Announcement can also be found on the Andlinger Center of Energy and Environment’s website here.

Meggers moderating PU-EWB Reunion

Prof. Meggers will be moderating the Princeton University Reunions Panel Discussion, which is sponsored by Princeton Engineers Without Borders-Engaged in the Service of All Nations: Creating A Lasting Impact Through Sustainable Development. The panelists will discuss how their education and post-graduation careers have shaped their attitudes towards the field of sustainable development, how they became interested in and pursued the work of non-profits, and what advice they would give to students and recent alumni interested in following a similar path. The intricacies of sustainable practices will also be considered, including the inevitable expense and community effects of internationally delivered aid.

Panelists that will be joining him are:

Adrienne Clermont ‘09, Research Associate – Johns Hopkins Bloomberg School of Public Health

Rebecca Kaufman ‘11, Partnership Associate – Echoing Green

Gregory van der Vink, Visiting Lecturer in Geosciences – Princeton University

Kelly Smolar, Senior Project Manager – Tishman Construction

The details of the reunion can be found here.


Clayton Miller, visiting scholar from ETH.

Currently a Doctorate fellow at the Institute of Technology in Architecture (ITA), Clayton’s research interests are associated with monitoring building performance metrics. His current research takes him to Princeton and to shed light on some researches the team is currently interested in.

His Bio from the ETH website:
“Clayton Miller is a Doctorate Fellow at the Institute of Technology in Architecture (ITA) and is working in the SuAT group with a focus on monitoring building performance metrics. His research is conducted in collaboration with the the Future Cities Lab (FCL) in Singapore. He was formerly the CTO of a Singaporean statup company focused in building performance monitoring and has also worked as a Mechanical Systems Designer and Energy Engineer. Clayton holds a MSc. (Building) from the National University of Singapore (NUS) and a Masters of Architectural Engineering (MAE) and BSc. from the University of Nebraska – Lincoln (UNL). He is a former Fulbright Student Scholar to Singapore at NUS and a Walter Scott Jr. Scholar at UNL.”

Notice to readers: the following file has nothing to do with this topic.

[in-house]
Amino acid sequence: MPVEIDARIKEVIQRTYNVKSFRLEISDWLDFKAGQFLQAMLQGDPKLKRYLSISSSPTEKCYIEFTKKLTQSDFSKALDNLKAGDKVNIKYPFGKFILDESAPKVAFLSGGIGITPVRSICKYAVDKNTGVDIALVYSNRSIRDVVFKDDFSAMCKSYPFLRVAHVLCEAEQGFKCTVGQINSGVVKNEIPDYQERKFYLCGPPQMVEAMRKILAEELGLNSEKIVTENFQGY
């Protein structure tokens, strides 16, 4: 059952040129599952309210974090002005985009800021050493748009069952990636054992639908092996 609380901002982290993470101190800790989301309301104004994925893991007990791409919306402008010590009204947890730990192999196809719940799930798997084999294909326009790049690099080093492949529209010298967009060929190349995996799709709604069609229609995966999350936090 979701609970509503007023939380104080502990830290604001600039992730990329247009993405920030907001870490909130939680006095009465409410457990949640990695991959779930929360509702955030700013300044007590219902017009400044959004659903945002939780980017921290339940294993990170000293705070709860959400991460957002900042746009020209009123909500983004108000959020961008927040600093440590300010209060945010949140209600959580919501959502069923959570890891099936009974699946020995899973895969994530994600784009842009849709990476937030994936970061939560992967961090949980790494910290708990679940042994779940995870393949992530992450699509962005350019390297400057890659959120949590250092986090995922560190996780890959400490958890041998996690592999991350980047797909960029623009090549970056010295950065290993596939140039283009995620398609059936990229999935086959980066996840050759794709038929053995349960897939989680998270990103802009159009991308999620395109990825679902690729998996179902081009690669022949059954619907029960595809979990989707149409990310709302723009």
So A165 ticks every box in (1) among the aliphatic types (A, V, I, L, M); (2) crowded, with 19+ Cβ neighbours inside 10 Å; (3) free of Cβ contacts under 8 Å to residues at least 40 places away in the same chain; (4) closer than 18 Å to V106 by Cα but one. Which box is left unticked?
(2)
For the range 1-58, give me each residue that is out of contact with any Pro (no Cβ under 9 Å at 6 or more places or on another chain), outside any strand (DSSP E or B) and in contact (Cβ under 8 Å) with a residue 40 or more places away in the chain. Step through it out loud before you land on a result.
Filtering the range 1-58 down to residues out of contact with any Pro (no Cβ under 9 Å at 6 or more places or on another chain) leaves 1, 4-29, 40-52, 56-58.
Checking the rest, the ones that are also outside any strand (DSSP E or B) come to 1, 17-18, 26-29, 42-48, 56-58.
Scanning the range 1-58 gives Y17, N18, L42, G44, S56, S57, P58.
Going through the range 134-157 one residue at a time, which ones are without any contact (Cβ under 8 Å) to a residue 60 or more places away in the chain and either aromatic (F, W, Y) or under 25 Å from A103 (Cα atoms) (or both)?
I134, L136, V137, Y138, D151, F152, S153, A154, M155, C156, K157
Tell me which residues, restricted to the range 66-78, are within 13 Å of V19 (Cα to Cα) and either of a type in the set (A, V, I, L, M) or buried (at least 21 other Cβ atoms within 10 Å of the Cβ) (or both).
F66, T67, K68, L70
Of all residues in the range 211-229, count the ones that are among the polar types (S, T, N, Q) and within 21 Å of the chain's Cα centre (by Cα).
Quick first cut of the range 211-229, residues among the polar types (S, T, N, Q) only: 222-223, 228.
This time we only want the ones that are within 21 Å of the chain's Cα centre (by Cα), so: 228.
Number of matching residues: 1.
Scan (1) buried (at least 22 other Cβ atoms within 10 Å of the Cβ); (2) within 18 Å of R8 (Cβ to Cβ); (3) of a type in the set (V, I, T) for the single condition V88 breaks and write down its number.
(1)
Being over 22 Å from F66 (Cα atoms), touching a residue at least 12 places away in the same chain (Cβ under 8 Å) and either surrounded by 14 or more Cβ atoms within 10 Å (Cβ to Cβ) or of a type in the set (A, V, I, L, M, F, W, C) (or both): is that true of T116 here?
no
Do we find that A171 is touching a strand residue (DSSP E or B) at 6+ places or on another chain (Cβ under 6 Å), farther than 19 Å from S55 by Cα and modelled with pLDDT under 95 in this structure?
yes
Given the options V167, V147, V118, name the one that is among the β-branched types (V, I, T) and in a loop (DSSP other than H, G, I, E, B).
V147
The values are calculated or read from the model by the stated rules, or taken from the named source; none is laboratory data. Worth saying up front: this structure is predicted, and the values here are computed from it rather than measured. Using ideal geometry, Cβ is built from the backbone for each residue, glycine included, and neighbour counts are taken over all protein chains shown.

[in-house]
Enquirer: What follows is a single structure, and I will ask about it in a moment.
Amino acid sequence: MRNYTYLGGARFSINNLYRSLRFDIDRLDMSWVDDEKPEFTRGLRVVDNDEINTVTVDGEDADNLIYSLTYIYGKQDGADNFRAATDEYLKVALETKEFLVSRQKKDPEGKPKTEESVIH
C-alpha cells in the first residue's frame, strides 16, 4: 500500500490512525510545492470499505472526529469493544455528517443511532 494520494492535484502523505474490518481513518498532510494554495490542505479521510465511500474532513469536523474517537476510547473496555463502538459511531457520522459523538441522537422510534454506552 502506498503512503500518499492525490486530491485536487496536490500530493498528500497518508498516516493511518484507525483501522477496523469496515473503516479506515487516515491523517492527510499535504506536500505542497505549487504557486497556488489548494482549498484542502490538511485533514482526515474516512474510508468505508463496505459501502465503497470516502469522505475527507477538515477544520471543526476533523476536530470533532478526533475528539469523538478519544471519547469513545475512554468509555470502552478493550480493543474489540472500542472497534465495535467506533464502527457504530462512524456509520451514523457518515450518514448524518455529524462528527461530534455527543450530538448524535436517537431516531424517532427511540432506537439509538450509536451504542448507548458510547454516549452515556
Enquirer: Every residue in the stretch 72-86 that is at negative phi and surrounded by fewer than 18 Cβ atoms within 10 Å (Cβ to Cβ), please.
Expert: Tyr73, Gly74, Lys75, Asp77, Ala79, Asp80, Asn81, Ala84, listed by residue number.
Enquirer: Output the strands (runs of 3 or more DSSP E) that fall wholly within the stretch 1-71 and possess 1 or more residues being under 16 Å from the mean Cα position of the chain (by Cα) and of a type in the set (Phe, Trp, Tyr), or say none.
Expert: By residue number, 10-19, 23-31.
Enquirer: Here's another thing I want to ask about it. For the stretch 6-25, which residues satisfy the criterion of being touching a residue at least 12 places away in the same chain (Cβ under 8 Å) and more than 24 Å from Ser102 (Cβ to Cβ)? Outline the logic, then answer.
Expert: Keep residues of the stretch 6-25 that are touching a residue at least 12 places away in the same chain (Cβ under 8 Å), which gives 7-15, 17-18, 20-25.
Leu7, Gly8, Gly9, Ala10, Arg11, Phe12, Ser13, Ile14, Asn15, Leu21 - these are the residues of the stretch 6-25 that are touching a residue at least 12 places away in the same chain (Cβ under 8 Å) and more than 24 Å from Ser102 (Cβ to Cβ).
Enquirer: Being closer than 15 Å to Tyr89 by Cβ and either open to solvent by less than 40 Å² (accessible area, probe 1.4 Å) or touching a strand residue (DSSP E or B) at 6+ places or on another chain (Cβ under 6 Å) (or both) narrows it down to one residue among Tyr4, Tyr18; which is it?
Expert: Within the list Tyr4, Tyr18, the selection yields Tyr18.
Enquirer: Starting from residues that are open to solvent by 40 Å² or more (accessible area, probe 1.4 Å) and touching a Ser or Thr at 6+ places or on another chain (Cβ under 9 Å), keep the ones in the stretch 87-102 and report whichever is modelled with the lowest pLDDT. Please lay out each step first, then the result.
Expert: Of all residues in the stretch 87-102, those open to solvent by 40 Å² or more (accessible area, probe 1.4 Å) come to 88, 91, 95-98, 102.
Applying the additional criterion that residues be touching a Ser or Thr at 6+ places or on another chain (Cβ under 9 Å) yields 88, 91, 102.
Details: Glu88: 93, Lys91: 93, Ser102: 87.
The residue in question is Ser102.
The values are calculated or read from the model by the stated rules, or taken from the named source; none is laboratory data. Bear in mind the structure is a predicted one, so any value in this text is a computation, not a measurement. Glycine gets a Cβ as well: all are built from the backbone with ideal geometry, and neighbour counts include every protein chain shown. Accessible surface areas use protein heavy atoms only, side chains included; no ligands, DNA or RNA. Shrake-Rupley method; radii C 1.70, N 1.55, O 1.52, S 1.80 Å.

Here’s his page of researches.

Arrival of Dr. Jovan Pantelic

We welcomed the arrival of Dr. Jovan Pantelic the week before last to rejoin the chaos research team.

His Bio from Future City Lab
Jovan received his diploma in Mechanical (Thermal and Fluids) Engineering in 2004. After that Jovan pursue his Masters degree in Thermal Engineering while working as a junior engineer in the Architectural and Engineering firm. In 2010 Jovan received his PhD degreed at the National University of Singapore in the filed of ventilation. While working as a Research Fellow at National University of Singapore in 2011 Jovan was visiting fellow at ETH Zurich where he worked with Prof Hansjürg Leibundgut’s LowEx group on adoptation of decentralised ventilation and radiant coopling for tropical climate. This resulted in creation of laboratory for building technologies called BubbleZERO that comprised of first decentalized ventilation and radiant cooling system in the tropical climate. From 2012 till April 2014 Jovan worked at University of Maryland at College Park and Harvard University on the development of technologies for air sampling and implementation to quantifying Influenza shedding rates in the Indoor Environements. Since April 2014 Jovan is working at ETH Zurich and is currently at Future Cities Laboratory in Singapore working on implementation of 3for2 concept in UWC building.
Jovan’s page in FCL
Jovan had worked with Team Chaos on the Theromoheliodome in the summer of 2014 and is going to work with the team on other related projects.